Jenah House and Dr. Darren Hawkins, Political Science Department
Do the presence and legalization of polygamous relationships affect domestic violence in developing countries? While there is some evidence that polygamous relationships influence domestic violence rates, present research on the subject is sparse. Even less discussed in the field is how the legalization of polygamy affects domestic violence. My research suggests that not only does polygamy influence domestic violence levels in the home, but that domestic violence rates vary based on the legality of polygamy. If the legalization and practice of polygamy together affect domestic violence, this will open up discussion on the viability and legality of polygamy within states—and potentially how those are a measure of larger cultural attitudes about the status of women that affect levels of domestic violence.
25% of Nigerian women have experienced physical, sexual or emotional violence by their husbands or partners (National Population Commission 2013, 314). No country is free from domestic violence, but understanding the factors that lead to it is an important step in creating policies that help prevent domestic violence. In the case of Nigeria–where domestic violence is a clear problem–characteristics like age, relationship status, place of residence, and education all seem to factor into how likely a woman is to experience this violence. Many factors should certainly be considered, but the scarcity of research regarding polygamy and its legalization has pushed me to focus on these two factors.
My theory hinged on a combination of several cultural studies conducted in the past. These studies hinted that the recognition of polygamy may be indicative of a larger society which normatively accepts the lower status and unequal treatment of women (both legally and culturally) and thus is more likely to be accepting of violence against women.
I specifically looked at this effect within a single less developed country–Nigeria–in order to mitigate many cultural aspects that may affect these results and our analysis. Nigeria is a particularly interesting country because the legalization of polygamy is not prevalent throughout the state. Twelve of Nigeria’s thirty-six provinces have legalized polygamy since 2001. As mentioned previously, these are predominantly Muslim states, whose governments recognize polygamy as outlined under Sharia law. These laws have now been in place long enough to obtain a reasonable measure of how polygyny might be related to domestic violence.
In 2013, The Demographic and Health Surveys interviewed over 28,000 Nigerian women about their experiences with domestic violence. They ask a battery of questions about physical, emotional, and sexual violence (e.g. “Does your partner ever: ‘Threaten to hurt or harm you or someone close to you?’ ‘Slap you?’ ‘Force you with threats or in any other way to perform sexual acts you did not want to?’”). From their battery of 13 questions, I created a measure indicating whether women in the survey had ever experienced domestic violence at the hands of a partner or spouse. I also broke that measure down by levels of reported physical violence, emotional violence, and sexual violence. In doing an analysis of factors that affect domestic violence, I found that many them should be considered, including both polygamy and its legislation within the state.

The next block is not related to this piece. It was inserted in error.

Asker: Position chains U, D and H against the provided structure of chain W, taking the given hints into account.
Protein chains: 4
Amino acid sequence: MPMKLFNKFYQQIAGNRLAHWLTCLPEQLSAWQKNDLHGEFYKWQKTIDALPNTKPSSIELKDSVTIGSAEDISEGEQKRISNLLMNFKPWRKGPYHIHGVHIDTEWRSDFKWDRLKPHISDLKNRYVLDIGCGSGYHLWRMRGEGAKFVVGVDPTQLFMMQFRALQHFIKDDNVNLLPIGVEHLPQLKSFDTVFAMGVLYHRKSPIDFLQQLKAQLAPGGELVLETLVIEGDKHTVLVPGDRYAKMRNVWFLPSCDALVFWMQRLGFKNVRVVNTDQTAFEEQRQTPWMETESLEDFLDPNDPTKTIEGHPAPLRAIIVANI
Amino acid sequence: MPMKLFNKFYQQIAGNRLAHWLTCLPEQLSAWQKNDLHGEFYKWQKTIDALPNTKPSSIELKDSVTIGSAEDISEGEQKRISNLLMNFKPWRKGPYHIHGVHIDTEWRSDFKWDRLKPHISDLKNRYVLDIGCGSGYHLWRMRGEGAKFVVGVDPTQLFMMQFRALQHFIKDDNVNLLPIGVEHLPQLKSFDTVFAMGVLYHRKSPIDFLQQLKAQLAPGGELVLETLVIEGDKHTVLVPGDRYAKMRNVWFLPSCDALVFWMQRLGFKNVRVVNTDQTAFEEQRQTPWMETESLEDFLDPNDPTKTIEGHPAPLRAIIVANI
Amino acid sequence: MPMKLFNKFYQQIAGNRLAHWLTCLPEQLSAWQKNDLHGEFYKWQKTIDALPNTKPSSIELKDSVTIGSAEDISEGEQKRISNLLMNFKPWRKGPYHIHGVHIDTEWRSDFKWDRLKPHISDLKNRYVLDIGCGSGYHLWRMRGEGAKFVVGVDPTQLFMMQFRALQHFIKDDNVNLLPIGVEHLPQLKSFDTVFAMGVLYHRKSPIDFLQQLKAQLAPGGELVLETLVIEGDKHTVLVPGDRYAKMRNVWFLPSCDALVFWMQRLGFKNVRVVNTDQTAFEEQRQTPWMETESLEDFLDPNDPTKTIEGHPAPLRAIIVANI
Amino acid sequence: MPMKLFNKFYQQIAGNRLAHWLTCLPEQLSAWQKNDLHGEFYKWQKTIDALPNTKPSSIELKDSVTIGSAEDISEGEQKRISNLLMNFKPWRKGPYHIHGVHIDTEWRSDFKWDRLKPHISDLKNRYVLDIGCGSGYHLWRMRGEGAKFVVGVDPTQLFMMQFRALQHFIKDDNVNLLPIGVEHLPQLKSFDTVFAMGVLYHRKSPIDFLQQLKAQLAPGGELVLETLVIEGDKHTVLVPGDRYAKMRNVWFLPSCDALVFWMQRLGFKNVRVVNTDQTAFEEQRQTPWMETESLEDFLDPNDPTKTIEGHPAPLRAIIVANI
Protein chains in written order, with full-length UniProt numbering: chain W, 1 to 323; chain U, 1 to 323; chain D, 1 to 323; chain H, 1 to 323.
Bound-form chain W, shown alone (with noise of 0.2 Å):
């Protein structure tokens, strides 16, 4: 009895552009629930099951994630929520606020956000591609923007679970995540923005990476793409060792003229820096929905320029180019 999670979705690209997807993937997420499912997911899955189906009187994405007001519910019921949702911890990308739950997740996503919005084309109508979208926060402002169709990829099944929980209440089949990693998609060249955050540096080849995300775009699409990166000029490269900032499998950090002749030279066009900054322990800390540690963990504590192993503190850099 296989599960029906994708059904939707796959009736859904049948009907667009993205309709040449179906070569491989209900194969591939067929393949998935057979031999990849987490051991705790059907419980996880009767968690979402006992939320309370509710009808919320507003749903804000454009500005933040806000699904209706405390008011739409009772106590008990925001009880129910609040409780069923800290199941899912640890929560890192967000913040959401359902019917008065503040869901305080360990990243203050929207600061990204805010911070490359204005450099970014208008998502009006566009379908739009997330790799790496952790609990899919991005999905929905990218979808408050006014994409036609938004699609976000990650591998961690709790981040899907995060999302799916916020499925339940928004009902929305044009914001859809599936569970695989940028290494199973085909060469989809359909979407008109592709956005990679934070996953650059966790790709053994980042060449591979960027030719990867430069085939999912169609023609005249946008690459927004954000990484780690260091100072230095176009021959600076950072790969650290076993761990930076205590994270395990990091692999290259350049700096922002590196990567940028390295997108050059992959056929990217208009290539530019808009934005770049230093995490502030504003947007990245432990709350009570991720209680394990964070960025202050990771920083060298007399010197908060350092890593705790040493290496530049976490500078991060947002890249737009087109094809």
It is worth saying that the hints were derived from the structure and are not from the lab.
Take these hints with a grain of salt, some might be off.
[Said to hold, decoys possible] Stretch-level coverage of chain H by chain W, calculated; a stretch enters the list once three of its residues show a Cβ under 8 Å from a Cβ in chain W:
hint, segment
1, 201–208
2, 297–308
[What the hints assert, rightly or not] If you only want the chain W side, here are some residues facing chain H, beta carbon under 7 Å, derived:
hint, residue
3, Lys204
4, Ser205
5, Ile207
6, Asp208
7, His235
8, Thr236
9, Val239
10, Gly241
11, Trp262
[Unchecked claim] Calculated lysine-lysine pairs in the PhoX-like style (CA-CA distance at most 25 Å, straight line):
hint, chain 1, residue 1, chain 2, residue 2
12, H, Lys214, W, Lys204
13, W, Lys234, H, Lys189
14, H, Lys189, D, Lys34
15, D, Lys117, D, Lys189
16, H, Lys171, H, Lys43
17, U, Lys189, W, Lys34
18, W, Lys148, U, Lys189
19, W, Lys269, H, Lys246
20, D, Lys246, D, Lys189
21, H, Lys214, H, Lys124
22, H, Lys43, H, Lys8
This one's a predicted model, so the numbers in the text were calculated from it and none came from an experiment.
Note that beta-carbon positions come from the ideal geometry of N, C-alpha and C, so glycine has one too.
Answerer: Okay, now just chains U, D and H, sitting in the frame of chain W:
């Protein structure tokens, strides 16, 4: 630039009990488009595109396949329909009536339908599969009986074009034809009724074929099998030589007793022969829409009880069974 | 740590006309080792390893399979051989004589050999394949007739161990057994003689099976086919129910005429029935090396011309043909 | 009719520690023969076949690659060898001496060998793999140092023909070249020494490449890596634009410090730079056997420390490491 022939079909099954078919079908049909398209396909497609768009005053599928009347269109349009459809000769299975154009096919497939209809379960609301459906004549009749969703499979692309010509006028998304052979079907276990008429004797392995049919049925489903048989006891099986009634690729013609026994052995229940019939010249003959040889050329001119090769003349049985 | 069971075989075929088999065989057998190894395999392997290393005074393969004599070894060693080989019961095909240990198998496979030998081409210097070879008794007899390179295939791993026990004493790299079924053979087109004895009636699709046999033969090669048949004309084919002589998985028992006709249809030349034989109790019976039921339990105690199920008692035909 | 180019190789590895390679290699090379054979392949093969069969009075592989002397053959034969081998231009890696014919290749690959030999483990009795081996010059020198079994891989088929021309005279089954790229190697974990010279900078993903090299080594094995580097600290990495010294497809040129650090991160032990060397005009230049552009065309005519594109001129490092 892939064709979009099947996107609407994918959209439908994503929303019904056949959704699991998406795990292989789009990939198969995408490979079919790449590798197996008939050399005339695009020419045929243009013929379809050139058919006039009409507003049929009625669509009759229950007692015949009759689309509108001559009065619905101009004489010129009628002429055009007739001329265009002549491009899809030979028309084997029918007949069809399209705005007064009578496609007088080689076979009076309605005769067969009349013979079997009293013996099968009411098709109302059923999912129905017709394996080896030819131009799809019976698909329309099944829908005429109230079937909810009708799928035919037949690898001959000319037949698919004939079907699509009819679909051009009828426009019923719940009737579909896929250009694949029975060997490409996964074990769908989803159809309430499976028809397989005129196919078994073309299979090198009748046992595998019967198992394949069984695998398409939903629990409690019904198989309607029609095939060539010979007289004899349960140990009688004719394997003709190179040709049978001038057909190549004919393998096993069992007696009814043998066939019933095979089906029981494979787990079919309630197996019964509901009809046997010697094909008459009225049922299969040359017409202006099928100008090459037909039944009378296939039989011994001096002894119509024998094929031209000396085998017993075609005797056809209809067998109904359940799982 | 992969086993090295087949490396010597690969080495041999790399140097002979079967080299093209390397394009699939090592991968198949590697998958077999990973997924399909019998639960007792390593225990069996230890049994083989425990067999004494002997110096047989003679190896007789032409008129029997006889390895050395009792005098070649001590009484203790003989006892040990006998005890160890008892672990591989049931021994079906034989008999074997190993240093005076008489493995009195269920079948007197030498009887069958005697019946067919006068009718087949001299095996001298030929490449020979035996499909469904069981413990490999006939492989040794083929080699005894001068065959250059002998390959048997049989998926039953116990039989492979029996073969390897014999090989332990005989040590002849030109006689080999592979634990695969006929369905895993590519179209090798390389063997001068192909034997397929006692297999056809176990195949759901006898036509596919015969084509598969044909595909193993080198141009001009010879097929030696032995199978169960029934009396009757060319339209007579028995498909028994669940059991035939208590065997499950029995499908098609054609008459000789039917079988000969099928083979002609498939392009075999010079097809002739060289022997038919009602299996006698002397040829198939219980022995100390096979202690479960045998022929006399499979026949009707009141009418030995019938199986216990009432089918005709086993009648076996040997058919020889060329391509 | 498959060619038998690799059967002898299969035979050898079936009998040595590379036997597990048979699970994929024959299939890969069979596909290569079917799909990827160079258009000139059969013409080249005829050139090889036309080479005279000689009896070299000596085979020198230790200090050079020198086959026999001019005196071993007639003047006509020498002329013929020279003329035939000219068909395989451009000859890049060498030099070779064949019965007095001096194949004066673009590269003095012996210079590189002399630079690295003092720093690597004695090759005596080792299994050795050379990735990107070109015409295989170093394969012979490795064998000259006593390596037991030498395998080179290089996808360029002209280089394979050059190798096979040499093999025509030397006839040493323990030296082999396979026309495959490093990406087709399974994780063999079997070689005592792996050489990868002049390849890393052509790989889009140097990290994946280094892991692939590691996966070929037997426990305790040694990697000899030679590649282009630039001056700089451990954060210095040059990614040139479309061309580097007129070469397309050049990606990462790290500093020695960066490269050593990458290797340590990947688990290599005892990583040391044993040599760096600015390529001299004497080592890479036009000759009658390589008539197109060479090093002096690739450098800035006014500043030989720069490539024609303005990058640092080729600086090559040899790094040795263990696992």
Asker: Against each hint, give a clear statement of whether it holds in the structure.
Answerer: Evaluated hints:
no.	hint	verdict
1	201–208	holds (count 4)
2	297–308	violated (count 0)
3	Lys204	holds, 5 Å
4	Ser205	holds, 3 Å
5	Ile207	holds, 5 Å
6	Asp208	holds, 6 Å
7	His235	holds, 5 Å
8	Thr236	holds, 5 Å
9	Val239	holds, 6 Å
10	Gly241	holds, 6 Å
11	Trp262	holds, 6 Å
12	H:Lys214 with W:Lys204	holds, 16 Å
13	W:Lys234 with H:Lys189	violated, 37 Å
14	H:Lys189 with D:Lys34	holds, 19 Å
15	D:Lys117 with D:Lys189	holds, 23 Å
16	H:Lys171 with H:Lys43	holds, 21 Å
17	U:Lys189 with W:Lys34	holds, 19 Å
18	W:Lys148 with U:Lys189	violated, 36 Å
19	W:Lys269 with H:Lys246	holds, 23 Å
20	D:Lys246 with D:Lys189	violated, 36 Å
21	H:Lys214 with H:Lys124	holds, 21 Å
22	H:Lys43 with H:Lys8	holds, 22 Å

Below is a figure of all the factors that significantly influenced the likelihood that a woman had reported experiencing domestic violence by her most recent spouse (former or current). Although most factors seem to be spot on in the expected direction, there is also a relationship between polygamy and its legalization just the opposite of what my theory suggested. Reported past domestic violence decreased with the presence of polygamy and its legalization. Women in a polygamous union were nearly 4% less likely to report experiencing domestic violence by their spouse or partner–a small but statistically significant difference. While the difference is minimal, it runs contrary to the expected direction. The analysis also predicts a 7% decrease in reported domestic violence for women who live in a state where polygamy is legalized.
While this may be surprising, there are several possible explanations. One is that women in polygamous relationships may have more collective bargaining power that they would have in a monogamous relationship in a patriarchal, less developed country. Another is that men in polygamous relationships in Nigeria may generally be less likely to exercise retaliatory control when they have multiple wives. It is also possible that women in polygamous relationships may be uniquely less likely to report past domestic violence in an interview.
Conclusions about why these trends exist would require extensive qualitative research. However, this research suggests that the relationship between polygamy and domestic violence has many holes that need to be filled by future research. My project highlights that need and encourages further research to better understand this trend.